Suzanne Maloney talks sense to people promoting the “attack Syria to warn Iran” argument:

There is just one catch: to think that a strike on Syria would send a message to Iran is to fundamentally misread the Iranian psyche. Doing something in Syria may make sense on the merits, especially if it would help resolve the civil war. But using Iran as a justification would be disingenuous and even dangerous. It would be almost as irresponsible as the trumped-up intelligence that Obama’s predecessor used to drum up support for the Iraq war a decade ago [bold mine-DL].

Invoking Iran is useful for many Syria hawks because they have already put an enormous amount of effort into building up and exaggerating the threat from Iran, and it allows Syria hawks to exploit fears of Iran’s nuclear program to try to generate support for an attack that would most likely make the nuclear issue harder to resolve without resorting to force. Linking Syrian chemical weapons and Iran’s nuclear program also reflects the widely-held assumption that Iran is inevitably going to acquire nuclear weapons unless something is done to stop this. That is likely wrong and distorts the entire debate over Iran policy in the West, but that is a topic for another post.

As Maloney explains, the Iranian government sees U.S. policies in the region simply as proof of hostility towards Iran:

As a result of this history, the American debate over military strikes against Assad doesn’t factor into U.S. credibility with Iranian leaders on nonproliferation; it merely confirms their long-held paranoia that Washington is determined to undermine Iran and will use any means to destabilize the broader Middle East for its own nefarious purposes [bold mine-DL].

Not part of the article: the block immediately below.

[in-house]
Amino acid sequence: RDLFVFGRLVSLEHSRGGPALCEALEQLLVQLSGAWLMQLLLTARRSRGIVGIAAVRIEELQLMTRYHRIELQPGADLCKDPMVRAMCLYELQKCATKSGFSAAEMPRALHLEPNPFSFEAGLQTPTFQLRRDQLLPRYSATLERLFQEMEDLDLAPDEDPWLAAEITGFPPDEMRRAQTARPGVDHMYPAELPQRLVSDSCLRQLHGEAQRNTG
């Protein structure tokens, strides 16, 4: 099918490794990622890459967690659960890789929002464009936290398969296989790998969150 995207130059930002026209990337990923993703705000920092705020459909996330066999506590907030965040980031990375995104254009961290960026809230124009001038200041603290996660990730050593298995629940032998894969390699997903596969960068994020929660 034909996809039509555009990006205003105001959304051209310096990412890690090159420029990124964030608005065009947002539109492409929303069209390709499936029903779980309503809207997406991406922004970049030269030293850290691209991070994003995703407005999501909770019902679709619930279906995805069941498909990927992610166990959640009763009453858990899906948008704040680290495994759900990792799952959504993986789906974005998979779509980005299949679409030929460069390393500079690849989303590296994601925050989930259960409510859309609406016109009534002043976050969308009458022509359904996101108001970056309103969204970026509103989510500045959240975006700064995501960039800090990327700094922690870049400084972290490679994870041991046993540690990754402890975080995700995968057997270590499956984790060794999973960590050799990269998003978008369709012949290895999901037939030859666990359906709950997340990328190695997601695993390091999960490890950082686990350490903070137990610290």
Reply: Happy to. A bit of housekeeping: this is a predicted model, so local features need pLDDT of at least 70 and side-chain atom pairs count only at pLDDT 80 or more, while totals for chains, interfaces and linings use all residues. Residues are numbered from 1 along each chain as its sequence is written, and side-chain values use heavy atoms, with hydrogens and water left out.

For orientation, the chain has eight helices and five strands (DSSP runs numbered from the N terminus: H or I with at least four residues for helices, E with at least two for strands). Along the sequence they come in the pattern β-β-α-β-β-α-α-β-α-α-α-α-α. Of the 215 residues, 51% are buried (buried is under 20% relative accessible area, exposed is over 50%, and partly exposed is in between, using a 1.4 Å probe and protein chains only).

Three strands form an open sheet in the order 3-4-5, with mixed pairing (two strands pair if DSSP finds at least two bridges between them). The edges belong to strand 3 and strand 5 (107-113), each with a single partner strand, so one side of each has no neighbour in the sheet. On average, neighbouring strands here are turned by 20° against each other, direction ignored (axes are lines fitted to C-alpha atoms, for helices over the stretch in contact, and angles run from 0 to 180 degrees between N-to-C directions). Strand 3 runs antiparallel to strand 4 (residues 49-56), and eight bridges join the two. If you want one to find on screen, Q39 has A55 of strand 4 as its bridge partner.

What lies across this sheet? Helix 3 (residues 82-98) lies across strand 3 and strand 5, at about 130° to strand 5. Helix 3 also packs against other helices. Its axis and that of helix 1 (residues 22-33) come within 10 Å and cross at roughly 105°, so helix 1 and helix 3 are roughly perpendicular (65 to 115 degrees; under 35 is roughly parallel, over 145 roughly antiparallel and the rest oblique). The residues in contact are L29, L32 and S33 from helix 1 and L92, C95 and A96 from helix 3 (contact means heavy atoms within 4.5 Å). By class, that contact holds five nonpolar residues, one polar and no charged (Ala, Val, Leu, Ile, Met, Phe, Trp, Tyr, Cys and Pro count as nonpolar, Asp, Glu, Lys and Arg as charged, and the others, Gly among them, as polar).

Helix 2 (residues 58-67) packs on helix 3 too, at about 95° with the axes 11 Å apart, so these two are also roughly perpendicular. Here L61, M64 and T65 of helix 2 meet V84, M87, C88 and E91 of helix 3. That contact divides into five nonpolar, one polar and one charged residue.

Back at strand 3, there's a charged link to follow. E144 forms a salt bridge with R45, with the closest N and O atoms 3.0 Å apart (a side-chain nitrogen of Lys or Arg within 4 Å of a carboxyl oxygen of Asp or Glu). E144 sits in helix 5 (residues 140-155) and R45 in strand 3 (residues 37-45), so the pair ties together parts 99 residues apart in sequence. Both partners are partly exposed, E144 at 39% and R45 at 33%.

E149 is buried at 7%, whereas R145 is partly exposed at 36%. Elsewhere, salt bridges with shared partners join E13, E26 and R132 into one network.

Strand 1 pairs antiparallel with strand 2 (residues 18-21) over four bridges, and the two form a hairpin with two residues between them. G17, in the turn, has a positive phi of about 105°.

Imagine for a moment that the U.S. were in Iran’s position: a much more powerful government hostile to ours had waged two wars of regime change on our borders, it defined its policy towards our country solely in terms of grossly exaggerated fears of the threat that we ostensibly posed to them, most of the surrounding region was filled with governments aligned against ours, and one of our only remaining allies on the planet was threatened with attack from that same government. Wouldn’t we see this government as deeply hostile to us, perceive it as a major threat to our security, and do what we could to discourage an attack on our country? In such an environment, hard-liners would usually benefit and prevail in internal policy debates. If Iranian hard-liners benefit from an attack on Syria, the effect will be the opposite of the one that many Syria hawks predict, and it will make it that much more difficult to reach an agreement on the nuclear issue.